Q&A With Sophie Woodrow

Tiger,-Crowd-detail_bigSophie was born in Bristol in 1979 and graduated from Falmouth College of Art with a BA in Studio Ceramics in 2001.

How did your time at Falmouth Art School help in the development of your practice?

I spent all of my time at Falmouth wondering what I “should” be making, it was only the disappointment of leaving with an average grade and a motley collection of work that then spurred me on to work hard, forget the “should”, and find what I wanted to make myself.

Do you find the medium you use more important than the subject matter/message?

That’s a real chicken and egg question for me, I’d have to say it’s a completely symbiotic relationship and I am not aware of one being more important that the other.

What’s more satisfying, the process of making or the final product?

Usually it’s the possibility inherent in the making that’s most satisfying, then just occasionally a piece hits just the right note, and that’s great.

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What kind of artwork would you make if you had a warehouse of artists working for you?

I’d make a lot more mistakes, good and bad.

Do you think owning art is more of an investment or a luxury?

I think owning art should be a pleasure, I find it sad how buying art is now so synonymous with financial investment.

Do you think artists should think of their work more in terms of decoration?

No I don’t think artists should think of their work more in decorative terms, but sometimes I do feel that presently making beautiful things can not be seen as serious or progressive, and I think that’s ridiculous.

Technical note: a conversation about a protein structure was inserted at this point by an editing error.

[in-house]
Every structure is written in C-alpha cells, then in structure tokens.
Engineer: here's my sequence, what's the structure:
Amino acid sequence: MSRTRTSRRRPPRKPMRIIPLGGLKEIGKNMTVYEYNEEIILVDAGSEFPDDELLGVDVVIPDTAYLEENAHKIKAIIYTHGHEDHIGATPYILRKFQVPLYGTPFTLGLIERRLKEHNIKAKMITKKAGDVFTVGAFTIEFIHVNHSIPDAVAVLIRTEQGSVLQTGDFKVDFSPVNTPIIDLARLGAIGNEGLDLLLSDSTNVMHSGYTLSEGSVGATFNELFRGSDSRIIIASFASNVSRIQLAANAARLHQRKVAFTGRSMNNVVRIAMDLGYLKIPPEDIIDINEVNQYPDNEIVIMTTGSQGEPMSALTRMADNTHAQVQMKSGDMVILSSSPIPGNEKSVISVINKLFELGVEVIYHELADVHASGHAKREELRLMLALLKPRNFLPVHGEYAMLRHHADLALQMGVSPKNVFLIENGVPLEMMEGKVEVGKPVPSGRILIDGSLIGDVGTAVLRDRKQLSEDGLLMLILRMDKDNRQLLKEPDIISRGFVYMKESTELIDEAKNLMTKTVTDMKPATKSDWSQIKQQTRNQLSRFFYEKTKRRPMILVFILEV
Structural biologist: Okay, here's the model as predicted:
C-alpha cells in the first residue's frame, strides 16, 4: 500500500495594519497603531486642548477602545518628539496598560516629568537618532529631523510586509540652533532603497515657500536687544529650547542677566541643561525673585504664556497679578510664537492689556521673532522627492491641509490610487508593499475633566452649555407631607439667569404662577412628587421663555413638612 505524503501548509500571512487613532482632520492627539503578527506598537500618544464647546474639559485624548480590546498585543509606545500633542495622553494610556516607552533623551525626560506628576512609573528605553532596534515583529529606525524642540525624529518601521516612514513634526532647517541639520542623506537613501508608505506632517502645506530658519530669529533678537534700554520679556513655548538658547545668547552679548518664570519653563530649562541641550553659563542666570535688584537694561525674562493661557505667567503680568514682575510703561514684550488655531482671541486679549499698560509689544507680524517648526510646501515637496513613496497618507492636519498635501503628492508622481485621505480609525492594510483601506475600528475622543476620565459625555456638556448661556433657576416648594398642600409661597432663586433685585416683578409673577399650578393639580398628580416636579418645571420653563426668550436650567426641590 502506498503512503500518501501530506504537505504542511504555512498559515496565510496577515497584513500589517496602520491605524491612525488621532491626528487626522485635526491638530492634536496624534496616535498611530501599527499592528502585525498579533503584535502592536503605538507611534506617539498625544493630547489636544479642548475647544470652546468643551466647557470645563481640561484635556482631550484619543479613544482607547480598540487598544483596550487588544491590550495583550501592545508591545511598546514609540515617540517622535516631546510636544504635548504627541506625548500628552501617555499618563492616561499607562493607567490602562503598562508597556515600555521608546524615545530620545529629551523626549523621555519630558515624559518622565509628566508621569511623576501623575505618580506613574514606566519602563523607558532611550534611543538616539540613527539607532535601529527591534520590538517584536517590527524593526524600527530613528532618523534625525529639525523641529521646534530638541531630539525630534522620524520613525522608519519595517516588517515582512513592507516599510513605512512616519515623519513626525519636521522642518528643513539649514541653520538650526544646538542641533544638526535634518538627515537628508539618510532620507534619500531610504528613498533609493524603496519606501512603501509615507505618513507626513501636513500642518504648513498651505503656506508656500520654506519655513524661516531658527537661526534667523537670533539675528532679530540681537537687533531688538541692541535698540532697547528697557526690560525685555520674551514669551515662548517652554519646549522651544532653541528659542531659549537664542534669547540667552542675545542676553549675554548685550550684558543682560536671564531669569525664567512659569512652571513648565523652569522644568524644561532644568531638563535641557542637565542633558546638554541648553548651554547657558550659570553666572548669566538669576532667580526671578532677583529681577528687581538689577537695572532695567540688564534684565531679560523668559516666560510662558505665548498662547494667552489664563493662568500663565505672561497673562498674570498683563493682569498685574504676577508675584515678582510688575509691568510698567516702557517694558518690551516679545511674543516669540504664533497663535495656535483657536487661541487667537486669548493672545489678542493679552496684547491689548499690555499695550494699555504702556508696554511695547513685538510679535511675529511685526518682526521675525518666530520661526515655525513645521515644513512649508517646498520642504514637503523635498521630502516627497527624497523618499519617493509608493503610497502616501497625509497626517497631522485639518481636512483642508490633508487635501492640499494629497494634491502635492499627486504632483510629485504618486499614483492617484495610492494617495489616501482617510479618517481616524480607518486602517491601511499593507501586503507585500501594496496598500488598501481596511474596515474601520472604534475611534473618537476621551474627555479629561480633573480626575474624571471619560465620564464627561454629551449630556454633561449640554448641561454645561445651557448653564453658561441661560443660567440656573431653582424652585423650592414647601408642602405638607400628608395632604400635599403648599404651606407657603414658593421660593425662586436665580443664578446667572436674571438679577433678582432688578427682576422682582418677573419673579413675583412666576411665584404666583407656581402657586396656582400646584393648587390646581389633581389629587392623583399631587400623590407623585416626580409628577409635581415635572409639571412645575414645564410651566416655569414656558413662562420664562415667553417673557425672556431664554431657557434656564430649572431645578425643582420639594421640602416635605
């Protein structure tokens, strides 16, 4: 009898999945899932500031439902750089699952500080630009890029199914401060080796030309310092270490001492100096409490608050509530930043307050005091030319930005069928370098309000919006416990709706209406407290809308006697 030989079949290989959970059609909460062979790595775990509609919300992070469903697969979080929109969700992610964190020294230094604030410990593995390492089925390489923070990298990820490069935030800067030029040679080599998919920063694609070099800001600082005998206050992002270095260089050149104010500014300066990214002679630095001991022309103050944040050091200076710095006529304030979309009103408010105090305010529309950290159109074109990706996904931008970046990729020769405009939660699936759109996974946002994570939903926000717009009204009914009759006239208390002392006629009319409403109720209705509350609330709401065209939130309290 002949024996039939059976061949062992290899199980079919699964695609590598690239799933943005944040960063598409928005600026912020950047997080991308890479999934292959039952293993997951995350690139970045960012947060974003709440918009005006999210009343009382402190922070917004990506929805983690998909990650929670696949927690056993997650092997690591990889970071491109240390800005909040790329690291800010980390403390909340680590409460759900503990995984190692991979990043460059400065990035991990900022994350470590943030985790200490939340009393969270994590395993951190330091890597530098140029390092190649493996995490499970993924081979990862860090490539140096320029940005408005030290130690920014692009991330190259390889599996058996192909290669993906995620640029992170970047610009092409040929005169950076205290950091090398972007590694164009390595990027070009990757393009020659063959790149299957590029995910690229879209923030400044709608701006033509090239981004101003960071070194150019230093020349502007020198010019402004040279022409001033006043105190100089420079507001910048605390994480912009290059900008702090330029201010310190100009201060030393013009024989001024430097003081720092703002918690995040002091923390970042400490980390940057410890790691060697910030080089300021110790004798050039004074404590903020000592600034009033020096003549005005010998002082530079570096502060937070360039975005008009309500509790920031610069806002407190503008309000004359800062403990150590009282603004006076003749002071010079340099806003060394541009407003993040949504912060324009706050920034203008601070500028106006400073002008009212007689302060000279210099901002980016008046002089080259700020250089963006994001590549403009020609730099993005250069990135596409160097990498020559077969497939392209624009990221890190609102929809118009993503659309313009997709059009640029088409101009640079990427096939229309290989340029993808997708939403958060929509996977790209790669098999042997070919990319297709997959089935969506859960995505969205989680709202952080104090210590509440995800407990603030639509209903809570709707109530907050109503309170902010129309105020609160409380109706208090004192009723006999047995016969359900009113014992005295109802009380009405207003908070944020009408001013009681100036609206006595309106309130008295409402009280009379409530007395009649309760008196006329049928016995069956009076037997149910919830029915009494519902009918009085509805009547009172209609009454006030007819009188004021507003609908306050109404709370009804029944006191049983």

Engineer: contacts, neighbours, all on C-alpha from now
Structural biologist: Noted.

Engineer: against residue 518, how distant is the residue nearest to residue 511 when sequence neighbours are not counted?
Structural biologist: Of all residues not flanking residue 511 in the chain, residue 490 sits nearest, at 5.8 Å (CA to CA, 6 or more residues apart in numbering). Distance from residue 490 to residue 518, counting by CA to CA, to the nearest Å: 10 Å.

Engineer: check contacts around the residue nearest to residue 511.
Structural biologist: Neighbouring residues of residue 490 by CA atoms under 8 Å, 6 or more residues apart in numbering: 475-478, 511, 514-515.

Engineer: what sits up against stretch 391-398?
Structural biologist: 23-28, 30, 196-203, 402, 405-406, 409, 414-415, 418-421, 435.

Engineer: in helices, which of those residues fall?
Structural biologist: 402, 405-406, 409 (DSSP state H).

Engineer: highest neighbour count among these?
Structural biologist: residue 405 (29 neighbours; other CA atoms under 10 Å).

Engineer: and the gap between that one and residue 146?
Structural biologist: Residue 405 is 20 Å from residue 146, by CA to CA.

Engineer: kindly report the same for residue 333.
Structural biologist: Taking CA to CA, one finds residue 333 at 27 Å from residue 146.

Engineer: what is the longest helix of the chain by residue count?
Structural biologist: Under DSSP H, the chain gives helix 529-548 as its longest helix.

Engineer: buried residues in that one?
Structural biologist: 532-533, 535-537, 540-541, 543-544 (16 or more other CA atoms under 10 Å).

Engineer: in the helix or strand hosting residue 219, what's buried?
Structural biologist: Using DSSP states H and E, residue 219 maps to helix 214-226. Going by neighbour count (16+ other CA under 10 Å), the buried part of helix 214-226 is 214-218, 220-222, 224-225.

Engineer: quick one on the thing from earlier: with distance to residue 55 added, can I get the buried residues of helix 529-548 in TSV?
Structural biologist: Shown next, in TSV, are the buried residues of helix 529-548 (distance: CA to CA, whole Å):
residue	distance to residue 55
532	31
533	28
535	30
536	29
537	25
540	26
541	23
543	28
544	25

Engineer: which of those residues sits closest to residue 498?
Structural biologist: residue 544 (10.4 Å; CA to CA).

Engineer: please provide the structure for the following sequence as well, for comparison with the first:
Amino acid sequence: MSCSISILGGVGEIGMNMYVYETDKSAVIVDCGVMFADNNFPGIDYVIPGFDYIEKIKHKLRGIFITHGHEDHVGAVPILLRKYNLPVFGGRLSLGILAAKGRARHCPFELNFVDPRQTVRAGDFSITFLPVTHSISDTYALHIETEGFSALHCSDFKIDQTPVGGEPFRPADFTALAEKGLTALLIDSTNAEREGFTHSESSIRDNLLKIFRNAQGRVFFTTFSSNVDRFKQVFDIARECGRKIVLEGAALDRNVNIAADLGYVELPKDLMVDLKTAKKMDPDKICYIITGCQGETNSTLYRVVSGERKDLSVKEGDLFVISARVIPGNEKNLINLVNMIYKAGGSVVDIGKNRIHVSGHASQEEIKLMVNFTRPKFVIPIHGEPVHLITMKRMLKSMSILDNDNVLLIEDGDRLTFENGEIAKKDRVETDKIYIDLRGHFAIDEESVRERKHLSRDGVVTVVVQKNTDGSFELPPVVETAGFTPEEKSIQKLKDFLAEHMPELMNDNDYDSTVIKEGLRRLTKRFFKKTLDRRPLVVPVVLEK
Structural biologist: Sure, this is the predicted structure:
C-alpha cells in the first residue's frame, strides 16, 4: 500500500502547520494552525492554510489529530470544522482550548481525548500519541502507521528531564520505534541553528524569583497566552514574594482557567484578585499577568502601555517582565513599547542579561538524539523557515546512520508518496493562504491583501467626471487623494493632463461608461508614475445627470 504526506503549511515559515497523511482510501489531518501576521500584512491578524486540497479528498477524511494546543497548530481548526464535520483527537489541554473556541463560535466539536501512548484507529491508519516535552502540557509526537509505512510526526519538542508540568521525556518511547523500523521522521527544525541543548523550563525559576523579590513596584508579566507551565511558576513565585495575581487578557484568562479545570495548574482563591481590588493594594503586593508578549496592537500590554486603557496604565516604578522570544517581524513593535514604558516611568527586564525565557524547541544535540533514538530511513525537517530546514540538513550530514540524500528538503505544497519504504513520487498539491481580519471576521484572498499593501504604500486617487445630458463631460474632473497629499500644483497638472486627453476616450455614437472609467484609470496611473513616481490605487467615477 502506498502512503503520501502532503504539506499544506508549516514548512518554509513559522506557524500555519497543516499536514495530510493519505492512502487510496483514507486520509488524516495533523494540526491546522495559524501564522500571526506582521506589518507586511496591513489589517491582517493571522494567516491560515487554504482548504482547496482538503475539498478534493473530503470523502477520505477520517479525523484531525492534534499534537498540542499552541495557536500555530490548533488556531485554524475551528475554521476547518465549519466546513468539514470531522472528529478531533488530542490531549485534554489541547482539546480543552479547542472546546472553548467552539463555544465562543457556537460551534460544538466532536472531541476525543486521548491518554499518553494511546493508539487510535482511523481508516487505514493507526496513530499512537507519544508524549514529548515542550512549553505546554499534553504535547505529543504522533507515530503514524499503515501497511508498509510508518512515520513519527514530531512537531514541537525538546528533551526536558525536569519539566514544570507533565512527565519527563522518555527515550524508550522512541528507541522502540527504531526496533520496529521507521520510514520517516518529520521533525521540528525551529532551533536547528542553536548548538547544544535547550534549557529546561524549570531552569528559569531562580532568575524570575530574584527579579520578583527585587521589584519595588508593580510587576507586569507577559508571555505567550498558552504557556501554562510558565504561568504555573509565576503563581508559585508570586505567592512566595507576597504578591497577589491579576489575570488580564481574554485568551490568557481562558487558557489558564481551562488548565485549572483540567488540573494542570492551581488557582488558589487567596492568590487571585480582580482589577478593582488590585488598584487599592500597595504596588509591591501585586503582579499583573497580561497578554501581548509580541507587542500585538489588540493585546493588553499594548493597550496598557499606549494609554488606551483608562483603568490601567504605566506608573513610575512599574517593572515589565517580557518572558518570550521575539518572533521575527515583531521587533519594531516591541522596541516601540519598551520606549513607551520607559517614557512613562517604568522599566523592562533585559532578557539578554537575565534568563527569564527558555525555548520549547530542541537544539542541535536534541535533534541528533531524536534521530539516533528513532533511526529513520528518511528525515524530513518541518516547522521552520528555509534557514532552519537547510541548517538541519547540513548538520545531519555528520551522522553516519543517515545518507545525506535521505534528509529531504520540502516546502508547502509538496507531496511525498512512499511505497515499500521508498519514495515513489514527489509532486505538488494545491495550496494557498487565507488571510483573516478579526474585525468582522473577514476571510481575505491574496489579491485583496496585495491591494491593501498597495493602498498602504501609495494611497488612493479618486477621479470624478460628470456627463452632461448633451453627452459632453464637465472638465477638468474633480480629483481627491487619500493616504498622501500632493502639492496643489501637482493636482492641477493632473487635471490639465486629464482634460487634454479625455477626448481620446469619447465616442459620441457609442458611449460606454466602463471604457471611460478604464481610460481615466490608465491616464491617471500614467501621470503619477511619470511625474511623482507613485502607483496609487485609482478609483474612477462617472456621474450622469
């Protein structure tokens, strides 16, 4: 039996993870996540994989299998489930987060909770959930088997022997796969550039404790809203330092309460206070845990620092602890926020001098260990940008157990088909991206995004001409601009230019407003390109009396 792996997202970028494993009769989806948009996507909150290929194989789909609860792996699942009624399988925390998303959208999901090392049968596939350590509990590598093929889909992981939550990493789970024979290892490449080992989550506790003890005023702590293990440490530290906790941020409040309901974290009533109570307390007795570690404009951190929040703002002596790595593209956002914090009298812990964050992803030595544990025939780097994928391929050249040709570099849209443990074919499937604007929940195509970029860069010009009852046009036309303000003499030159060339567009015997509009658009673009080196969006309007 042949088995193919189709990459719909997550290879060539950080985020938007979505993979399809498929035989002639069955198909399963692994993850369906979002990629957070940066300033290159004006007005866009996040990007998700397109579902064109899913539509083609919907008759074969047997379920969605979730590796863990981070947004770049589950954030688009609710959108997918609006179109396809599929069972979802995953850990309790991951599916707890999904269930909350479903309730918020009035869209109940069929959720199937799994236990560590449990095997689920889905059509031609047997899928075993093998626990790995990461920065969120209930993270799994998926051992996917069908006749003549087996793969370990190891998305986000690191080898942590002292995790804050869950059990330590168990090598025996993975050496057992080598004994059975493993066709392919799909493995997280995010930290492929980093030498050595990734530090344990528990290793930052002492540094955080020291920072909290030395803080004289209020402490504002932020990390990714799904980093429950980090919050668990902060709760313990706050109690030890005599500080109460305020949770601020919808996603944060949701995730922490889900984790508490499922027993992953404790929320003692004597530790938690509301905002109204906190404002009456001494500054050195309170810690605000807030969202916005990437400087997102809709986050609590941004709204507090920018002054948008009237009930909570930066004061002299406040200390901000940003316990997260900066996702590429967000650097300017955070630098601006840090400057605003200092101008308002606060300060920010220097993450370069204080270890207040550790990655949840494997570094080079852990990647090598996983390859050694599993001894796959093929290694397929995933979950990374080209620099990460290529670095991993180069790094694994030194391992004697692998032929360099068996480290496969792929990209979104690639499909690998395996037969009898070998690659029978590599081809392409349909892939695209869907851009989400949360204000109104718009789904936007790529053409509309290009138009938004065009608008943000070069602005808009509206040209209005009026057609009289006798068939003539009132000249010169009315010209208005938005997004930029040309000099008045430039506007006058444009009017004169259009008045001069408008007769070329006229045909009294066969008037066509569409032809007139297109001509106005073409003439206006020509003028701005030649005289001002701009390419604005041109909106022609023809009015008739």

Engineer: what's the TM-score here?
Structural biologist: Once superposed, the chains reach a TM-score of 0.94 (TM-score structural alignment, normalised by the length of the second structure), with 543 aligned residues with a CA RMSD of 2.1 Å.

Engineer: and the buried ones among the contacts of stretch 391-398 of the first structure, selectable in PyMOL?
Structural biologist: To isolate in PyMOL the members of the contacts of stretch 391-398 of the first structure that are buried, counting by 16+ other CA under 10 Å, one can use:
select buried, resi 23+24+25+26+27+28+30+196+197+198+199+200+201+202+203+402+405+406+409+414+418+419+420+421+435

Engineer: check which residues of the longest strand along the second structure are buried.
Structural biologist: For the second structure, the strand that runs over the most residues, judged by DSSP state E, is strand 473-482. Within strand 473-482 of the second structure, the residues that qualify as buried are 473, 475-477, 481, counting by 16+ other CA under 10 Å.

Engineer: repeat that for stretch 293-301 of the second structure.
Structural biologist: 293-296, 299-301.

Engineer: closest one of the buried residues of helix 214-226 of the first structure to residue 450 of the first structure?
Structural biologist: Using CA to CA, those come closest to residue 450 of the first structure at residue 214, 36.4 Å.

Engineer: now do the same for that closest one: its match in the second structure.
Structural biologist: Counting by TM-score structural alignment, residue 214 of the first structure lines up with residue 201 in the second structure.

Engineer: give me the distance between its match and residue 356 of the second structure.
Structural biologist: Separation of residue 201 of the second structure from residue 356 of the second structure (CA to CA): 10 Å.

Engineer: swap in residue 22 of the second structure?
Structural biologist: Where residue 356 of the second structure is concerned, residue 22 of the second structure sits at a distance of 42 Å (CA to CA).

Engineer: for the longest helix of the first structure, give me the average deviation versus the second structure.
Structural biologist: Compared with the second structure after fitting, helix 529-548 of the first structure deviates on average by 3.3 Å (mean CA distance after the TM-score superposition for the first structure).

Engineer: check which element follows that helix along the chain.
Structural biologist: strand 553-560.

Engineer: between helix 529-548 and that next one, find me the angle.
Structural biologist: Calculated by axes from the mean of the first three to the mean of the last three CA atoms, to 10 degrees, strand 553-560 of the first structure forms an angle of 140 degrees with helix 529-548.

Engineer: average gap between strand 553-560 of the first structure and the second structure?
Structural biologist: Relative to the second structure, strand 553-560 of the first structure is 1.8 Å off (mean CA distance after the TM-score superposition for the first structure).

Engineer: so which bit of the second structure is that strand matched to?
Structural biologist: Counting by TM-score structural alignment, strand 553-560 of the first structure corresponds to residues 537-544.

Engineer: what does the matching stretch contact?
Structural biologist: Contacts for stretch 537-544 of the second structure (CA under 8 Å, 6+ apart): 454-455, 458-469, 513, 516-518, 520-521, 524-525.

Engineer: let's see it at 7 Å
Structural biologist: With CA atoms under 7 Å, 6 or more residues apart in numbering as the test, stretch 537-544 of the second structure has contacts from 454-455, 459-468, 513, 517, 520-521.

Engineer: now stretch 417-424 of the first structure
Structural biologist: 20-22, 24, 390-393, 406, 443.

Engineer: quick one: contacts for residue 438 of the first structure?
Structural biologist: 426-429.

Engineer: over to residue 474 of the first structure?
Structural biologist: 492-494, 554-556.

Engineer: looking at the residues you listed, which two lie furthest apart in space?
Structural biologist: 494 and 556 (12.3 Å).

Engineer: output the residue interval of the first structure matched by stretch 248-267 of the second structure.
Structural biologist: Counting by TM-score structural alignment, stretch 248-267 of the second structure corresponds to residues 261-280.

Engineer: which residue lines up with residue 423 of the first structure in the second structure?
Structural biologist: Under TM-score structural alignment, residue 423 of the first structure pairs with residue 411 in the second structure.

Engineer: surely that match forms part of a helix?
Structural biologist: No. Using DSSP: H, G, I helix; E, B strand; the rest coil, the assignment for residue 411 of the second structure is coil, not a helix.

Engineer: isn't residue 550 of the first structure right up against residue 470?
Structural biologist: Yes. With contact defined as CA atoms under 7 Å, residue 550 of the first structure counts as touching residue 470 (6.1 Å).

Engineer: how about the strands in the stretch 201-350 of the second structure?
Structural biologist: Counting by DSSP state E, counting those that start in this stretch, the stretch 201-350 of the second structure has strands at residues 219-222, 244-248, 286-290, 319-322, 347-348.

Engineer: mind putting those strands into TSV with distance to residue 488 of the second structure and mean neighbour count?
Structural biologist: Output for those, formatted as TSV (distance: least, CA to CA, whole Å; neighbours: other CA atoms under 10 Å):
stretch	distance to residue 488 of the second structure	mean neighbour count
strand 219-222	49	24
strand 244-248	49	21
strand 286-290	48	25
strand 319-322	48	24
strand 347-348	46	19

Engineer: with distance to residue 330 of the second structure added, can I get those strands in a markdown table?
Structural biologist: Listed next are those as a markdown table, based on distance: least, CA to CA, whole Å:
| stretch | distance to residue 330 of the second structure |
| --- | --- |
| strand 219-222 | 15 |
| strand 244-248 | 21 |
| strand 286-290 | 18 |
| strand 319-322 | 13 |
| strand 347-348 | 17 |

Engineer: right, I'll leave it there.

sophie woodrow

What are the pros and cons of showing work at Art Fairs compared to galleries and which do you think has most impact on an artist’s career?

For me at this stage art fairs have done more for me and allowed me to work , generally they make things happen quickly, and the rules appear more straight forward for someone starting on their career.

Your creatures present themselves somewhere between endearing and sinister. Do you see this in your work and is it something you set out to evoke in the viewer?

Yes very much, I can’t help but be endeared to beautiful animals, but also want to show the instinctive beings they are, and encourage people to think about the animals we are.

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What is the thinking behind using only white?

I love colour and wander if my work might one day explode with it, but I think I must love form more, and for the moment can only work with that. I think it’s also something about not wanting to make literal objects, I’m not saying this is an illustration of an actual thing, but representative of an imaginative thought, and I think the whiteness and the stillness help convey that.

How important is the size of the creatures? Do you think there would be problems in making one 10 times larger? 

Yes I do, unfortunately, It would be fun to make something enormous, but I think their scale is important relative to the body, also I think of them as my thoughts and I don’t want them to appear dominant over the imagination of the person viewing them, I’d rather encourage a conversation.

Have you ever exhibited your work in a natural environment, amongst flowers and trees?

I have thought of it, and so have other people a photographer recently did some photo shopped images for me, putting my pieces in landscapes, but really it makes the pieces too literal, like saying this is an animal in it’s natural environment, while actually what I’m saying is, this is an animal from my imagination, and white cube spaces help more with that.


How would you like your work to develop?

It’s a modern cliche, but making art is so much about “being true to yourself”, starting out I was determined that my work would not be seen as personal, but I have come to realise that the most complex and interesting thing you can offer the world to look at is very often your self, and with that in mind I hope my work continues to evolve as I do, doesn’t get stuck , and that I can take some risks based on the faith that what I make is what I want to make.